Jessica Anschutz: I appreciate your endorsement of TikTok and your endorsement of being our authentic selves when it comes to leadership in the church and in the community. I know that your social media presence and your messages of inclusion have not only brought millions of views but also quite a bit of critique, which often comes for those of us who are in the spotlight of public ministry. What practices have helped sustain you in the midst of the criticism that comes along with your presence? 

Brandan Robertson: I would be lying if I said that the criticism doesn’t always get to me. When we enter into the digital realm, we need to be mindful that this is global. Everything you put on the internet is available to anyone in the world. There are lots of people in the world who will oppose what you’re saying or who you are or how you’re doing ministry, and there are a lot of people in the world that will do that in ways that are pretty horrendous. On the one hand, I think most pastors have to learn how to have a thick skin and take some critique. But when you are also in the digital space, you’re going to come across people who go out of their way to do very unkind, sometimes scary, things. I’ve had people email me threats.  

I’ve dealt with that personally by having other friends in this space with me who I can talk to about how to respond if there is a particularly bad troll attacking or if I am getting a kind of threatening email. Having a community of support around me and talking to other clergy about what to do and how to respond is very helpful because a lot of times when you’re responding to something that’s so negative you get into flight or fight mode, and that is not helpful for making decisions. So, having a sounding board is helpful. 

Since my ministry has moved primarily into the digital realm, it is only recently that I stepped back into a brick-and-mortar church. I’ve really relied on therapy, which all pastors should have but especially if they’re doing digital work because digital platforms expose you in a way that you aren’t exposed in the four walls of your church. People will know things about you. On the positive side, if you get on TikTok and even if you just get a couple thousand followers, you might get recognized in public. As pastors, I think it’s important for us to have people to talk about those instances, good and bad, to help keep our egos in check, to help keep us humble, to make sure we’re staying healthy.  

Social media can also become addictive. We can also very quickly utilize it for the wrong reasons. If it becomes a way to get some more views, you’re going to find that your content begins to be inauthentic. You’re going to start saying things that you know people will respond to. Having a therapist in my life to talk about criticism but also to talk about what it means to do ministry in such a public way has been a really helpful way to keep me grounded and keep me motivated to come back and do this ministry for another day.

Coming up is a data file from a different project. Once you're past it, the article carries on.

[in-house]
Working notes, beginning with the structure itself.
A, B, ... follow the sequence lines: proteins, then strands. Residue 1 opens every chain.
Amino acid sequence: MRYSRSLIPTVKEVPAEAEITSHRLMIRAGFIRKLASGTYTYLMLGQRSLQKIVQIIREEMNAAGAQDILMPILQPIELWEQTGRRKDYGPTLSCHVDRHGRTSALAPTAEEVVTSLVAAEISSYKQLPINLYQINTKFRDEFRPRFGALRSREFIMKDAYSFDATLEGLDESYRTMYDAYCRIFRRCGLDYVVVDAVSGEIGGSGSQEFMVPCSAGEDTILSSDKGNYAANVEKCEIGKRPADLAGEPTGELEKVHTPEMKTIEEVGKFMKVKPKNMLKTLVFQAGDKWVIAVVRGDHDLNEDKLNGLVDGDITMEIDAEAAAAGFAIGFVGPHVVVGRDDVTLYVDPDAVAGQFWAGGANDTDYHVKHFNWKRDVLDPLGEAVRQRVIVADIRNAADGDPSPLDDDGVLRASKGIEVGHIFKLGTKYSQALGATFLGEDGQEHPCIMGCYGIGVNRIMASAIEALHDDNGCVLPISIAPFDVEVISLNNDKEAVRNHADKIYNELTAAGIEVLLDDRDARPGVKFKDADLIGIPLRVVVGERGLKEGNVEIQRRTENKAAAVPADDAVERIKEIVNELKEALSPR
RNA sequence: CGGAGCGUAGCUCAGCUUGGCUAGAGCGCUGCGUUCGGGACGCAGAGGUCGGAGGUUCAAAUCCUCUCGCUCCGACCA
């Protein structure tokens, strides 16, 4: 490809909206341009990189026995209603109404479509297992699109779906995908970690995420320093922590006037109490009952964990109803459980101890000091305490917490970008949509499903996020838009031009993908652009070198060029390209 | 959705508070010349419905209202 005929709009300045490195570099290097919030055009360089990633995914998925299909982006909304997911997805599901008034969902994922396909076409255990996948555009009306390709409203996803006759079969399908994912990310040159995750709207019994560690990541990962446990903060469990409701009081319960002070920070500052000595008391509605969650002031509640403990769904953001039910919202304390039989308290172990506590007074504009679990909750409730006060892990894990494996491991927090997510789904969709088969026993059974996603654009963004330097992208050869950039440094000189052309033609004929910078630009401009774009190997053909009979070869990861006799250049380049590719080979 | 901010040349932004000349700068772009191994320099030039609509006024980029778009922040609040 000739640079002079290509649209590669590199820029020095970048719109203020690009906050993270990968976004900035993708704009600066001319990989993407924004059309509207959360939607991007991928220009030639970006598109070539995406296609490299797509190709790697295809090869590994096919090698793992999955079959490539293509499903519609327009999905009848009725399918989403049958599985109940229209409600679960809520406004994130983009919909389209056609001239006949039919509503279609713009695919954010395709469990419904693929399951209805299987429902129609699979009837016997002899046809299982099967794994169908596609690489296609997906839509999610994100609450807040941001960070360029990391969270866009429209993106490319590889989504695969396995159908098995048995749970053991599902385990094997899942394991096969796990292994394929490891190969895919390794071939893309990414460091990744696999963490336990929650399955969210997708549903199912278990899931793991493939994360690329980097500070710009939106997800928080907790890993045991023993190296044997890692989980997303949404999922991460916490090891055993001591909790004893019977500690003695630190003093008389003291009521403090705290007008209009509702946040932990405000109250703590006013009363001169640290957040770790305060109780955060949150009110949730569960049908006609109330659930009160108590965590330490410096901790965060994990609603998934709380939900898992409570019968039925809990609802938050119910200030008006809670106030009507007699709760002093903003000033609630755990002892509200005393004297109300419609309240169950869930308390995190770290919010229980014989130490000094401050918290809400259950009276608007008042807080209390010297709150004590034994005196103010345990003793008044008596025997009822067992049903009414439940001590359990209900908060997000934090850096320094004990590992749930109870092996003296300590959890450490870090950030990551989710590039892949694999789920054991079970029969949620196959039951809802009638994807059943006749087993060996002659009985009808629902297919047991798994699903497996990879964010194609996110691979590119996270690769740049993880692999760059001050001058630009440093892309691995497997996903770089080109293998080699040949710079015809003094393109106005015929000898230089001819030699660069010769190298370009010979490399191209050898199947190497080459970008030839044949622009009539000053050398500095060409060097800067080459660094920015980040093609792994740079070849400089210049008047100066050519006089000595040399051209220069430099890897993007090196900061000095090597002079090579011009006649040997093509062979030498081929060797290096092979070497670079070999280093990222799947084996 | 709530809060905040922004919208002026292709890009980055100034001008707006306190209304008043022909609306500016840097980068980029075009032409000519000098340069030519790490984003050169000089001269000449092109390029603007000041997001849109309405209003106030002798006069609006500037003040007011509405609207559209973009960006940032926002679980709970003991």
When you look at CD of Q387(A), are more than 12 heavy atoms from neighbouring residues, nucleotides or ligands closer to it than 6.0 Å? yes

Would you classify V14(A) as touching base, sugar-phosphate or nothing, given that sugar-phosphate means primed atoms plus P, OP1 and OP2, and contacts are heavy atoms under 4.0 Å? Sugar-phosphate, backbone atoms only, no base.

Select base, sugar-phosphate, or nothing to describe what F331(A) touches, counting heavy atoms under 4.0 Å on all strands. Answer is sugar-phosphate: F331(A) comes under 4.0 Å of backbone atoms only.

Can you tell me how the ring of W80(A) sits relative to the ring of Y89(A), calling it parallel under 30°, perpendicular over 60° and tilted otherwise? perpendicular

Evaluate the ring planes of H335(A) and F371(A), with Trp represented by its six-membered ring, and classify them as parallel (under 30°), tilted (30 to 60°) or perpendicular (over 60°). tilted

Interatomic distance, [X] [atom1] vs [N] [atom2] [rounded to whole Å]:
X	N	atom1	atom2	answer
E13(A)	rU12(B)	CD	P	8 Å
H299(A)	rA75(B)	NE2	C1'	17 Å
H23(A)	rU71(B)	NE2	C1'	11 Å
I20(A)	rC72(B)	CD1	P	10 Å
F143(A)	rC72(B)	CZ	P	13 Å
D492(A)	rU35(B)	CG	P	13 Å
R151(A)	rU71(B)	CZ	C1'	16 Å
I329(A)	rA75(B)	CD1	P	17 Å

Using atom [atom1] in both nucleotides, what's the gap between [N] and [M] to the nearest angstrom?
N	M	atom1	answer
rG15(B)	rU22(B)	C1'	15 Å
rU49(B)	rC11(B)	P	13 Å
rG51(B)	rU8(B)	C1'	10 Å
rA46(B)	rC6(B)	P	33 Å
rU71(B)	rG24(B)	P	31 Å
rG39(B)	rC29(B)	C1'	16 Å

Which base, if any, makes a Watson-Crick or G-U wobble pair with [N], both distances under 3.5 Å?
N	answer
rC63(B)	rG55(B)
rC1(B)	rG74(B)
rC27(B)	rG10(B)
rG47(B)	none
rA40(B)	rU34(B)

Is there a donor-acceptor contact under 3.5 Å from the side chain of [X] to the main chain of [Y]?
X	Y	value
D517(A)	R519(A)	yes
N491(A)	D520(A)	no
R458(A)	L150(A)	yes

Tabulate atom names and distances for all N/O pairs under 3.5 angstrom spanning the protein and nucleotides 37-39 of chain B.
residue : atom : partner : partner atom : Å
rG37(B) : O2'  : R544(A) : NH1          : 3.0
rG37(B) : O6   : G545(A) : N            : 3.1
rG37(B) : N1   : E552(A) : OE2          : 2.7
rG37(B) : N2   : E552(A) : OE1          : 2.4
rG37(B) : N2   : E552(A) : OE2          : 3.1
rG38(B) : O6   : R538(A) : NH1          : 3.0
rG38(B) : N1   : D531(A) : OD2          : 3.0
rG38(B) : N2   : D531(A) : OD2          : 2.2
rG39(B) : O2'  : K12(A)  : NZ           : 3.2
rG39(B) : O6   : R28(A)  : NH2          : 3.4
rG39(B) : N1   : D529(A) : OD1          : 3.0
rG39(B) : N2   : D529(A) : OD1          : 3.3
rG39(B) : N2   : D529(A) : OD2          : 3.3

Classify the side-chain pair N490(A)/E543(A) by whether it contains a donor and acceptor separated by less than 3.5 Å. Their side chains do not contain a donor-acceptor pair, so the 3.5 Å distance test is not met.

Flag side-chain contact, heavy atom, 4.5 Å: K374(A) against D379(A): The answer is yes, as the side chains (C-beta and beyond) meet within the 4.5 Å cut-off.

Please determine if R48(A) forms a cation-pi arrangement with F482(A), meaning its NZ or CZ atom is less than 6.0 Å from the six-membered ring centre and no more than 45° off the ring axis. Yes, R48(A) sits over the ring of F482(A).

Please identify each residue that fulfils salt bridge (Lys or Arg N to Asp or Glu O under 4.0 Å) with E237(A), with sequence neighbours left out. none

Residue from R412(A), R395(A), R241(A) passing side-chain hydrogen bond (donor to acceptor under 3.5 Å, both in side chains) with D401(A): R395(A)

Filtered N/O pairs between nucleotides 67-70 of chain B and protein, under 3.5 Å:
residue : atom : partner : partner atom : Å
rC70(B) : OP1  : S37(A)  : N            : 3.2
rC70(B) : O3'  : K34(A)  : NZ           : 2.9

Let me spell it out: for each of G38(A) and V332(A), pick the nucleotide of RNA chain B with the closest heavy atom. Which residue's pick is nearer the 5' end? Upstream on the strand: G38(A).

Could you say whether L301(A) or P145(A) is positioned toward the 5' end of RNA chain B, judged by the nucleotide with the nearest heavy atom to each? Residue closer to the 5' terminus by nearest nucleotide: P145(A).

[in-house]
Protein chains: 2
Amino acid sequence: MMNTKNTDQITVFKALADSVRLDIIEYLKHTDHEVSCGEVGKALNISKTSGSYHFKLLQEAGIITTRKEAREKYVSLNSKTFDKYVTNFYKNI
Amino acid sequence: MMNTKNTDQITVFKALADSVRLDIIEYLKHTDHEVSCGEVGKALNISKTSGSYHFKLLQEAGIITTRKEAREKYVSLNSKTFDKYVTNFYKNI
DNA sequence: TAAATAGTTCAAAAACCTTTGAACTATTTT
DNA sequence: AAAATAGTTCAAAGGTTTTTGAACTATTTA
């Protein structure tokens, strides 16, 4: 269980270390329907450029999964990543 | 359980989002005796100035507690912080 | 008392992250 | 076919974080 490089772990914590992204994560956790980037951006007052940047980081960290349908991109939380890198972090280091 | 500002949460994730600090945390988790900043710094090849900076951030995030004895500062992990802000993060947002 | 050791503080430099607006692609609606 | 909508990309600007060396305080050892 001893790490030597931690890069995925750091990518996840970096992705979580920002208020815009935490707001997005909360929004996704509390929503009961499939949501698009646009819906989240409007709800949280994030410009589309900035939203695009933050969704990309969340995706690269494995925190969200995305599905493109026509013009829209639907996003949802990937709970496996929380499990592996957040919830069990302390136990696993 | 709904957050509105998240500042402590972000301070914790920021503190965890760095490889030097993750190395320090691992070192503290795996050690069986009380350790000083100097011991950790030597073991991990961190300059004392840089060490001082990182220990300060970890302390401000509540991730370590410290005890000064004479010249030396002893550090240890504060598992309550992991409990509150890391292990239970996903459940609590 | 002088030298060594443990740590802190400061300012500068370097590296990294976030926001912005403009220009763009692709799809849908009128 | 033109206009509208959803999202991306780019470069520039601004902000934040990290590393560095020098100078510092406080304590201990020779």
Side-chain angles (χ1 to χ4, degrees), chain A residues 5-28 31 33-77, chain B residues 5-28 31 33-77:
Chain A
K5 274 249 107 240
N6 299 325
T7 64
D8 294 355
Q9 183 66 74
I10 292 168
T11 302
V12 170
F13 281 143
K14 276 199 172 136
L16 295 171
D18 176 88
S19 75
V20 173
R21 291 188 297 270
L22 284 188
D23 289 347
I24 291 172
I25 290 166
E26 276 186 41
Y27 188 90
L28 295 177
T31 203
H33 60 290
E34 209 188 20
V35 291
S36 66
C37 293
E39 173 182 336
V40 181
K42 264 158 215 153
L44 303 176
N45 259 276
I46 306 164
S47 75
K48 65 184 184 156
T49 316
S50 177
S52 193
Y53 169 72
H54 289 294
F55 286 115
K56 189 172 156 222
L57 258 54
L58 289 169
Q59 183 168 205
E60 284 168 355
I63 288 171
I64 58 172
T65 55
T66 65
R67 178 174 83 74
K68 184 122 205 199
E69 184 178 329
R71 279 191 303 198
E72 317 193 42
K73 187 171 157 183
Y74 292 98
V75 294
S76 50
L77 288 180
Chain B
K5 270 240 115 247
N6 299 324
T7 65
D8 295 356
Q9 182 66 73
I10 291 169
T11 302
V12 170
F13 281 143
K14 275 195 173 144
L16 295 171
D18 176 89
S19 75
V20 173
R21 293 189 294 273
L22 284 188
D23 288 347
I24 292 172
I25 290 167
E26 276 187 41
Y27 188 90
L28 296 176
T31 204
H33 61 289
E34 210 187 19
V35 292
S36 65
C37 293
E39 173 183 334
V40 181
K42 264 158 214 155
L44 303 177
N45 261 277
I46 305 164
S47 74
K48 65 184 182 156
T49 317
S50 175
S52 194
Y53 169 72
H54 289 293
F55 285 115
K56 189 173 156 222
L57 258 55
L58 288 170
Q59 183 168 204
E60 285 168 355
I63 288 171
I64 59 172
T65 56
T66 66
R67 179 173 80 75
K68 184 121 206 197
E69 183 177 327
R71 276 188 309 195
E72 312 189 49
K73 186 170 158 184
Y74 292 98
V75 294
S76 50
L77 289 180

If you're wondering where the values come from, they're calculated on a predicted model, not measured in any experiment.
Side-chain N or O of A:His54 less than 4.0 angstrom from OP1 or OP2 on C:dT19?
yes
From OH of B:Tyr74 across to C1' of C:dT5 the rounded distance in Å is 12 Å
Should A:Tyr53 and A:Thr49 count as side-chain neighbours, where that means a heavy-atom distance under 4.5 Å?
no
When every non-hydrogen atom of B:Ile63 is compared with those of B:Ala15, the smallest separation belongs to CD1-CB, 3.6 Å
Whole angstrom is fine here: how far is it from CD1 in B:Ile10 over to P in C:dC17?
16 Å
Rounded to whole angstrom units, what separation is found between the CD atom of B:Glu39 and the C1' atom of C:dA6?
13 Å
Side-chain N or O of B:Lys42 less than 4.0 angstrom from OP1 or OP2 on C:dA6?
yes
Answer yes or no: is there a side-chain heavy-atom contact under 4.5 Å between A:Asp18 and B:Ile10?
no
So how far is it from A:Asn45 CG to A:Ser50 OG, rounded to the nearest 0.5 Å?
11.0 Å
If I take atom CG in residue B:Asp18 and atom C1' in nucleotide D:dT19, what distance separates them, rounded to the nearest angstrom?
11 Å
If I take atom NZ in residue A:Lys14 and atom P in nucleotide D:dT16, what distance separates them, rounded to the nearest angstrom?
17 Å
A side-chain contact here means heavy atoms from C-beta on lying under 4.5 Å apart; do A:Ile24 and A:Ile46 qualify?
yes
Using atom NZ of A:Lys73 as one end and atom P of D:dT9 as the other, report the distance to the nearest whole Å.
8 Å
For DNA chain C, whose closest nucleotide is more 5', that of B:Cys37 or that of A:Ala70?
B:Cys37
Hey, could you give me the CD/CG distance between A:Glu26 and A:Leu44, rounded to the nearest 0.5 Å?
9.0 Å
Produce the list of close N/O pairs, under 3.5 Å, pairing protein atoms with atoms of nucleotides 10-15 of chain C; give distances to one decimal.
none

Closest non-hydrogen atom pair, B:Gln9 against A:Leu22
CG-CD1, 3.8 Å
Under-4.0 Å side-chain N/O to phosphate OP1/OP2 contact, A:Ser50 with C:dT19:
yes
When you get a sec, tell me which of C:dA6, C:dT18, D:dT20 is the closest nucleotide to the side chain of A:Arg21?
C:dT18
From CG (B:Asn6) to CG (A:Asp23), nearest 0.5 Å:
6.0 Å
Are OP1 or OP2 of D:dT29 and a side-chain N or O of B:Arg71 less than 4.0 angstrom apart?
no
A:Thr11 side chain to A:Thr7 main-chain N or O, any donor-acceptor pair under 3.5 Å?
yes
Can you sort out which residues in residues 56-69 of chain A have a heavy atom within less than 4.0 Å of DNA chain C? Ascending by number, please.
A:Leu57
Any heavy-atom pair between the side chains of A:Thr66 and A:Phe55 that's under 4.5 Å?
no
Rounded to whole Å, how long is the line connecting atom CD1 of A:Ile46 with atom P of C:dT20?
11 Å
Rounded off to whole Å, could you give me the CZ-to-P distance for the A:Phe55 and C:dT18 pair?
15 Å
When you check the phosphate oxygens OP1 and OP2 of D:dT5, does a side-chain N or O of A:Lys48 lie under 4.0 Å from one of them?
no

Jessica Anschutz: The importance of personal and professional support in the midst of ministry is certainly key and I appreciate your willingness to lift both of those aspects up — the friends and colleagues and therapy. I want to shift now to your book, True Inclusion: Creating Communities of Radical Embrace. If our listeners haven’t had a chance to read it yet, I encourage them to do so. Your book focuses on intersectional inclusivity. How did you come to write about this? 

Brandan Robertson: True inclusion as a book was not my idea. I stepped into pastoring a very diverse church, probably one of the more diverse churches I’ve ever seen before, and I was wrestling with a question. I’d spent so much time in my life and in my ministry advocating for LGBT inclusion in particular. Now I was pastoring a church that was fully inclusive and hired me as an openly queer pastor and had racial diversity and was very mindful of people with different abilities and disabilities. We had all of it going on already. When I stepped in, I kind of breathed a sigh of relief and thought this wasn’t a conversation we were really going to need to have.  

Then my publisher, Chalice Press, reached out to me and said, “Hey, we know that you’re doing inclusive ministry, but we’re getting a lot of people asking, what do you do next? Once your church becomes fully and ultimately inclusive, once your church embraces racial justice, once your church has women in leadership, what happens? Does the work stop there or is there more that we should be doing? After the publisher asked me to do that, I spent about a year looking at my community and asking that in the midst of our community. What does it mean for us to say we’re inclusive and to have done a good job building an inclusive community thus far? But does it end here? Is that all the work? Do we just get to put that on our sign out front and be done with it?